UNIX provides three similar commands: grep,egrep, and fgrep to select lines in files that match a given pattern.

The differences between these three commands lie in the options and the algorithms that are used.


grep [option] pattern [file]
egrep [option] pattern [file]
fgrep [option] pattern [file]

In fgrep, the pattern is not a regular expression (see below) but an ordinary character string.

When more than one file are used in argument, the name of the files that matches the pattern are added as a prefix to the selected lines.

More generally, grep is used to select lines in a file, for example to remove unwanted information produced by a previous command.

grep option meaning
-n Prefix each line of output with the 1-based line number within its input file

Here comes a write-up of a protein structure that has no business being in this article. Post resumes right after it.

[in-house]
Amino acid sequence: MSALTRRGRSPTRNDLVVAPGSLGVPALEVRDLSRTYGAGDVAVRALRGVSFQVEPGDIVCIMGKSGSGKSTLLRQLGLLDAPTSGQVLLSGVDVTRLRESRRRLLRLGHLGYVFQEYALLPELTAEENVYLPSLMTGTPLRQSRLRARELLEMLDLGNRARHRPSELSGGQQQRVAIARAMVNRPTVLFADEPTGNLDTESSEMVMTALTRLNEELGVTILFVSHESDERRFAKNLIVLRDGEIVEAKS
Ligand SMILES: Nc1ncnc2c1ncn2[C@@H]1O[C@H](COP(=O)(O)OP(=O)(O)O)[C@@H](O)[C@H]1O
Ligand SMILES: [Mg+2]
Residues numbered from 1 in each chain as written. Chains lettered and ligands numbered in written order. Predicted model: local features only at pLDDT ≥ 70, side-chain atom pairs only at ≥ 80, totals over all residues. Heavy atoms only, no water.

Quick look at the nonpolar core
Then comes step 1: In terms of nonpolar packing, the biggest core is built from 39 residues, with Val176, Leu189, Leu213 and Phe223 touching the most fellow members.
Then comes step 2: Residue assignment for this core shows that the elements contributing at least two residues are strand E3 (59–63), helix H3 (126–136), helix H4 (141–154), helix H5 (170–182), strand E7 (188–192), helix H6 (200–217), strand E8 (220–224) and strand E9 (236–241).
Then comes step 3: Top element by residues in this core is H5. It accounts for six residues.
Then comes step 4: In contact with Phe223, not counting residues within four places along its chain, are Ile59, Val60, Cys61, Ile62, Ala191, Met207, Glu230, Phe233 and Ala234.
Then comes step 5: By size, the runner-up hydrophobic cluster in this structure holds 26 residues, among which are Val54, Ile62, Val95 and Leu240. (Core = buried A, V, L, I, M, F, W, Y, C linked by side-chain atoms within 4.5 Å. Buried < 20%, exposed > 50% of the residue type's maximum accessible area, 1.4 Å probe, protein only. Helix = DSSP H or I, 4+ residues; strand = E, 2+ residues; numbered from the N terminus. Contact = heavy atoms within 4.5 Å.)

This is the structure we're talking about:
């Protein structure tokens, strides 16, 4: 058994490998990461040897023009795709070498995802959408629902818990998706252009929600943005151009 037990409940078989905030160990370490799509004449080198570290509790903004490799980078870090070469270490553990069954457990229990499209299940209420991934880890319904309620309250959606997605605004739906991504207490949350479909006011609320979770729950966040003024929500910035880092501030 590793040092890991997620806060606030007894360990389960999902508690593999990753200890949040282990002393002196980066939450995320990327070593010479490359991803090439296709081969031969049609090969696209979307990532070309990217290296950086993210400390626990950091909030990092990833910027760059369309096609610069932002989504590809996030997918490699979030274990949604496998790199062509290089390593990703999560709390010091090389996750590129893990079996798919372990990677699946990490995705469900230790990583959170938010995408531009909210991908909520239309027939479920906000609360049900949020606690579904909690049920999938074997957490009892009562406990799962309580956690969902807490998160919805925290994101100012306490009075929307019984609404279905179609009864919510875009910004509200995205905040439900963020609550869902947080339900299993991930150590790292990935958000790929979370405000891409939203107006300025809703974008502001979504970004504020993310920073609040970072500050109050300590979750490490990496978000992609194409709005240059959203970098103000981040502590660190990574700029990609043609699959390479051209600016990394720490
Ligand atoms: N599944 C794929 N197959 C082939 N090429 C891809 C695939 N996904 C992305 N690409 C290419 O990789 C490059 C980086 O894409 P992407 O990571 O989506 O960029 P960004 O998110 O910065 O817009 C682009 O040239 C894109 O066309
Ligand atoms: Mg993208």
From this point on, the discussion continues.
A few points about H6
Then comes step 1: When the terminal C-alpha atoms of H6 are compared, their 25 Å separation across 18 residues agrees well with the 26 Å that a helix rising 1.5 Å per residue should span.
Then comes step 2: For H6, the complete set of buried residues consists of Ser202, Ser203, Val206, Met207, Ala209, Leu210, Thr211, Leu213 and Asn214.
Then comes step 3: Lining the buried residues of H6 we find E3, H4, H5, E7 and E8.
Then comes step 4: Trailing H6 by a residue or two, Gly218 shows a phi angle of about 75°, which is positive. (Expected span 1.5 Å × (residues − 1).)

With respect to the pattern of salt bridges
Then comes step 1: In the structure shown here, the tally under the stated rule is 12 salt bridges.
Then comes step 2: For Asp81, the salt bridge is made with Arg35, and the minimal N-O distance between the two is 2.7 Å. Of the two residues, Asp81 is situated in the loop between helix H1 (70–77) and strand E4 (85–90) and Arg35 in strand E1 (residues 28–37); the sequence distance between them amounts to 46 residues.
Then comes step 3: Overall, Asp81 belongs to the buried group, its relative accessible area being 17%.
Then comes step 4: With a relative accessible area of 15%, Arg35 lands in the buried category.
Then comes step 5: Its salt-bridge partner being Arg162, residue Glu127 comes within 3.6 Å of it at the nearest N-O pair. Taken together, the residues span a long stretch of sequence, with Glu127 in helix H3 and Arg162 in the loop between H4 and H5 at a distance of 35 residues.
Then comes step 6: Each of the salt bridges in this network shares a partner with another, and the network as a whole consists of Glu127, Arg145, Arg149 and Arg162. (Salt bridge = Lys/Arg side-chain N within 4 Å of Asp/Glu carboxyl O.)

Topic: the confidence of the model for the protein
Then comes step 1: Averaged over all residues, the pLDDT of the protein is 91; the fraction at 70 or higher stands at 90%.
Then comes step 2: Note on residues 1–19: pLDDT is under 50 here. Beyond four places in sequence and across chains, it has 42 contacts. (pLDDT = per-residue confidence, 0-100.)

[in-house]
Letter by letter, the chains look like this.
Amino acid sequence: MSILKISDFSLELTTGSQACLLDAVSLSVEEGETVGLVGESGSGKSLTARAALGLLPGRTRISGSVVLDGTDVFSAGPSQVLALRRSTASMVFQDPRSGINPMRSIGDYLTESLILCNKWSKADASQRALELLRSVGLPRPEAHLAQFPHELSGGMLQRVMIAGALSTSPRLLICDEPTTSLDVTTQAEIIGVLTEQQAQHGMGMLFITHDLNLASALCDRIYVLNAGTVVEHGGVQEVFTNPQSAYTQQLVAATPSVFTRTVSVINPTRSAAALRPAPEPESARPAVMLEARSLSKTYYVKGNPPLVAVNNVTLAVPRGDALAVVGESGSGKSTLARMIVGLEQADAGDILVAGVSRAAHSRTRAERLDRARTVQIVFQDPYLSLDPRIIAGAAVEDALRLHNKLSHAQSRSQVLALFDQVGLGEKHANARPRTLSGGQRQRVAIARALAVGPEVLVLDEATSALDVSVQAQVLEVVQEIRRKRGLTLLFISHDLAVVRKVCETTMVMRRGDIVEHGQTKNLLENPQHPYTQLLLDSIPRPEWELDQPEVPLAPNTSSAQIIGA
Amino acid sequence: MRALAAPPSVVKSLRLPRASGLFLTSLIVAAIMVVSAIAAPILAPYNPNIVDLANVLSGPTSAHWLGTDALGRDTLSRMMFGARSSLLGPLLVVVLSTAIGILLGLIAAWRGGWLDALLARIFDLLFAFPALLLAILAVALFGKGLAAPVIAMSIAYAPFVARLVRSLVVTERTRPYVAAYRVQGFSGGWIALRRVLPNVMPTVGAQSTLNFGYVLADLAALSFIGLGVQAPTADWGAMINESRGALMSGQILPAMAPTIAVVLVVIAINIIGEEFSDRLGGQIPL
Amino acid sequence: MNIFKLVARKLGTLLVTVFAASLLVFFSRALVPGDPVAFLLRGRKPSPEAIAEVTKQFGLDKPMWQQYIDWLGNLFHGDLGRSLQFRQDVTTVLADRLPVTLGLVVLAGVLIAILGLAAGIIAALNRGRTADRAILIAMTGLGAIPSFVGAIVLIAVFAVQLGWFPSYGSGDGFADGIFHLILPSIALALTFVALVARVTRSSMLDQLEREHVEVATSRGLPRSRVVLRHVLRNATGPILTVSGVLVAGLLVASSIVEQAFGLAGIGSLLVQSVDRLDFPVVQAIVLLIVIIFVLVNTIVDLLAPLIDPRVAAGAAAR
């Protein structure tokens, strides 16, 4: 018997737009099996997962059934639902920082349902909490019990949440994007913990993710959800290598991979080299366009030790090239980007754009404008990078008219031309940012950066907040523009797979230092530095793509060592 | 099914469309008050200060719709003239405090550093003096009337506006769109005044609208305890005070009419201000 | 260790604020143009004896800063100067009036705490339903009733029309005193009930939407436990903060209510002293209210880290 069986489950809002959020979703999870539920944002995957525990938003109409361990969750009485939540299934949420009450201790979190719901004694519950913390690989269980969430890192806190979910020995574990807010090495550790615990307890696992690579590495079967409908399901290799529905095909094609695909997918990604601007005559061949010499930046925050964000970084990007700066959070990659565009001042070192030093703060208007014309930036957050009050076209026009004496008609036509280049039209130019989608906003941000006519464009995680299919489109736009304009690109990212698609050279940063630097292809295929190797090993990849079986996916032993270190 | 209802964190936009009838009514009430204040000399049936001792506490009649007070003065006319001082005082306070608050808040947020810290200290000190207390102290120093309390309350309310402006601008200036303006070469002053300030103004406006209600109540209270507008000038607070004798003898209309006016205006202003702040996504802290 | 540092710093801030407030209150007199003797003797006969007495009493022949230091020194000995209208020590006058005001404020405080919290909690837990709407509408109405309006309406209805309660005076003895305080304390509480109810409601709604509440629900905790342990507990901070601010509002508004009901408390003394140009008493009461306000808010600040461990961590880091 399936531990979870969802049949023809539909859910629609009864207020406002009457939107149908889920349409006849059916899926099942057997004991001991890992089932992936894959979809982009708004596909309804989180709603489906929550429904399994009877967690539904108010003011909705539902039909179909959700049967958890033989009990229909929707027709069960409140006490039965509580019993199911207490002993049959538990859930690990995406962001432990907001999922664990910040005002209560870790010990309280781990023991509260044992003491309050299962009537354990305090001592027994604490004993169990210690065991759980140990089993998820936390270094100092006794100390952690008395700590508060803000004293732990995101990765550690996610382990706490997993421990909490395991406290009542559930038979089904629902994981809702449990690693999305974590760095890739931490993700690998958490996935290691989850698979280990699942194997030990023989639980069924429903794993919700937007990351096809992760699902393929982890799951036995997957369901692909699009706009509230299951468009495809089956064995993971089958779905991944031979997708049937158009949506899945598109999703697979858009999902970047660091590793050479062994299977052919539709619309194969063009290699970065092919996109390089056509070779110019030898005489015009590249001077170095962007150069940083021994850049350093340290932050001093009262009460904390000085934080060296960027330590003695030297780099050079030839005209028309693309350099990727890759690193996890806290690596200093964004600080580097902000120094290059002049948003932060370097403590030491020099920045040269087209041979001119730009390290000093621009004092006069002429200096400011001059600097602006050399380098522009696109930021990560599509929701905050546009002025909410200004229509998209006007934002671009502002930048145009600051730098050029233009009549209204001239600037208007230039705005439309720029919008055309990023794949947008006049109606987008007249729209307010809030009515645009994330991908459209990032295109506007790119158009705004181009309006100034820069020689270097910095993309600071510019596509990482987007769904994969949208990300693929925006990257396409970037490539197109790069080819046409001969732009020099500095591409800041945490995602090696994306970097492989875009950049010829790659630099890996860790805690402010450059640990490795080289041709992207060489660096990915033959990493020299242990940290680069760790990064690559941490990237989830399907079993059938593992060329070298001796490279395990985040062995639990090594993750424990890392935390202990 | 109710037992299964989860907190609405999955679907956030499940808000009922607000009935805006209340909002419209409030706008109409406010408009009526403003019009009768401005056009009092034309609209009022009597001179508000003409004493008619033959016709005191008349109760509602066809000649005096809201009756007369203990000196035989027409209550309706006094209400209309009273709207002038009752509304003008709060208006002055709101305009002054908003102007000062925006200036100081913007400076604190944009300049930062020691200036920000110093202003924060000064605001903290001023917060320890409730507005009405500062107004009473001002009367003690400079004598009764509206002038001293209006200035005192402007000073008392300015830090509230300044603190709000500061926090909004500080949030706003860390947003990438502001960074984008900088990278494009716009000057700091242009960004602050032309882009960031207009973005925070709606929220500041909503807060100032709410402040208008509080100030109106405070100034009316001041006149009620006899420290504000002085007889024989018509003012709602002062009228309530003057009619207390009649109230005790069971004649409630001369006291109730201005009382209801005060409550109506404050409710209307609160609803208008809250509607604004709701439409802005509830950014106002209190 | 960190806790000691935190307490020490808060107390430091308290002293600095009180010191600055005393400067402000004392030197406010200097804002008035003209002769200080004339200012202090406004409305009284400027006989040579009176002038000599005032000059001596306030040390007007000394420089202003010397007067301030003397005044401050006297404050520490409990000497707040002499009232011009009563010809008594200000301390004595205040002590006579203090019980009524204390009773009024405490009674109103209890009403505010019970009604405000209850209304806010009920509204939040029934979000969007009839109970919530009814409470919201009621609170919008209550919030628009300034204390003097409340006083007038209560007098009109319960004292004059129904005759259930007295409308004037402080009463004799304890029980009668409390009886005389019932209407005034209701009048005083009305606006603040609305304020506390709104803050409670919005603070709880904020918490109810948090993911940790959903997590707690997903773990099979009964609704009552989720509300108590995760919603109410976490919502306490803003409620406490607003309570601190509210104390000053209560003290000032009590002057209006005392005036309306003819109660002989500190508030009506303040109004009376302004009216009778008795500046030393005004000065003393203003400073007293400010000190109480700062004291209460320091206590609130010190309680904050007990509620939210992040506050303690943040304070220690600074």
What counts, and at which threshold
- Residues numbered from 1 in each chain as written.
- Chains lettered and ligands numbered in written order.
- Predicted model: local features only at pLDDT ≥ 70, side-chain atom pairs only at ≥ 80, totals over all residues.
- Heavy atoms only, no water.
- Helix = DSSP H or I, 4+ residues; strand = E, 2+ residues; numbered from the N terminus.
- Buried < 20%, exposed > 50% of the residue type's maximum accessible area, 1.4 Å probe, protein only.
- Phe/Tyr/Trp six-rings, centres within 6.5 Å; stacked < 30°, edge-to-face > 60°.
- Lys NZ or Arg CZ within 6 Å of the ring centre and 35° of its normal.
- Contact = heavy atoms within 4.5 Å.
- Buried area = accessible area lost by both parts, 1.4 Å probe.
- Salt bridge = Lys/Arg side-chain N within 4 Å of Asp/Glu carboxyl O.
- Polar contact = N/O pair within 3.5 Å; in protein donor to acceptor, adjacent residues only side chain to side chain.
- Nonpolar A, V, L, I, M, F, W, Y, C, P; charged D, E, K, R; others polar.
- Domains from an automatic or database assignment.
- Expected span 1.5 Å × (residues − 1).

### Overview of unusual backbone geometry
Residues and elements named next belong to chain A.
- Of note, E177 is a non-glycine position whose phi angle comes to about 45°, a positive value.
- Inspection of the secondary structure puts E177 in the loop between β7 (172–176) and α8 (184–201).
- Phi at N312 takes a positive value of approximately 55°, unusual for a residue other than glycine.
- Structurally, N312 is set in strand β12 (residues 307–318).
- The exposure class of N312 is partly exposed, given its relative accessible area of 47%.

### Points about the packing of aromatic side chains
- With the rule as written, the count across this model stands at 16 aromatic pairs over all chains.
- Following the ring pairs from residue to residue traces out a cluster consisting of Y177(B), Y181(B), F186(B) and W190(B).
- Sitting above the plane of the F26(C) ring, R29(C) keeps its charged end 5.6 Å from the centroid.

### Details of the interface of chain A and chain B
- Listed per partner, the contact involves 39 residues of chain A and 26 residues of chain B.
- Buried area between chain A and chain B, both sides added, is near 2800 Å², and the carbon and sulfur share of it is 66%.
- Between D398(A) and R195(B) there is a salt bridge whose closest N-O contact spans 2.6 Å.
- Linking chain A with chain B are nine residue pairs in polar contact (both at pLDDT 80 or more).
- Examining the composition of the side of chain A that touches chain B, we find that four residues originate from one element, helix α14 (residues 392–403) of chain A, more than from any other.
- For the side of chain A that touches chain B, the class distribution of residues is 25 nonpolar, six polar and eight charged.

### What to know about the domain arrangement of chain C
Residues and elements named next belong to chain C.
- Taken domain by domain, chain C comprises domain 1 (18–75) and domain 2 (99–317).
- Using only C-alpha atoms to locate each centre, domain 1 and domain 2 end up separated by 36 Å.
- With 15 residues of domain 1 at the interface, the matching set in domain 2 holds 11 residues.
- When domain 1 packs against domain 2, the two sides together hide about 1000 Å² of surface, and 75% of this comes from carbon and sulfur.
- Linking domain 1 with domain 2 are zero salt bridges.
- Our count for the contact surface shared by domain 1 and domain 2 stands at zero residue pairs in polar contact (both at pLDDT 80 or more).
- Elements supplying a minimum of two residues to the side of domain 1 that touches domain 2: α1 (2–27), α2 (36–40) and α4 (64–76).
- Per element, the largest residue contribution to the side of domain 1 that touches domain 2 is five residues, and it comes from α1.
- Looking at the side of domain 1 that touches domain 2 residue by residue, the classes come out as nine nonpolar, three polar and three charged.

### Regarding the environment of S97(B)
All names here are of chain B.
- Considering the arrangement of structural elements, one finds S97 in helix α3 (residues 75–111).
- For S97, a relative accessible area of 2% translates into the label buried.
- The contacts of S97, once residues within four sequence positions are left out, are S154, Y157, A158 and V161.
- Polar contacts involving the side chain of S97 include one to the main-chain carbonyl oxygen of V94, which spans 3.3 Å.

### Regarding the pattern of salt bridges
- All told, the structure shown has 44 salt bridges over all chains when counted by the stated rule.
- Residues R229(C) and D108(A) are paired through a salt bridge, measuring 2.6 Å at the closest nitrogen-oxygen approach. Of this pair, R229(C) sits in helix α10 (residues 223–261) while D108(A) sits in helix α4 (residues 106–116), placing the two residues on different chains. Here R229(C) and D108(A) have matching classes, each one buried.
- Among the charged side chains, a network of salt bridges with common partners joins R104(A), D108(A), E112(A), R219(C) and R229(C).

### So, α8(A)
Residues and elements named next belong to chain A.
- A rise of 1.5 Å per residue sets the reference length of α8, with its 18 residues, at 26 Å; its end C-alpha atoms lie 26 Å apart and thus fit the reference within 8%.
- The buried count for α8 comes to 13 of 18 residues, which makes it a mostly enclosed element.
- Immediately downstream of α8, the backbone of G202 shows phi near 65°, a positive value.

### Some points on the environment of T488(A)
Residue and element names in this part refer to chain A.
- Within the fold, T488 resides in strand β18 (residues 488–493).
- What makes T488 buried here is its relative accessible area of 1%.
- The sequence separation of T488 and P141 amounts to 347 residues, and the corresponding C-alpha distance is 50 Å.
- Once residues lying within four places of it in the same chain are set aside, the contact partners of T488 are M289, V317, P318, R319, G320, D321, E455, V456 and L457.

-v Invert the sense of matching, to select non-matching lines
-c Suppress normal output; instead print a count of matching lines for each input file
-i Ignore case distinctions in both the PATTERN and the input files
-l Suppress normal output; instead print the name of each input file from which output would normally have been printed
-s Suppress error messages about nonexistent or unreadable files
-e PATTERN Use PATTERN as the pattern. If this option is used multiple times, search for all patterns given
#select atomes in a PDB file
grep ATOM 1DFB.pdb

grep and egrep can use pattern regular expression. These are character strings that represent a pattern using generic characters and special characters (i.e., character with "meaning").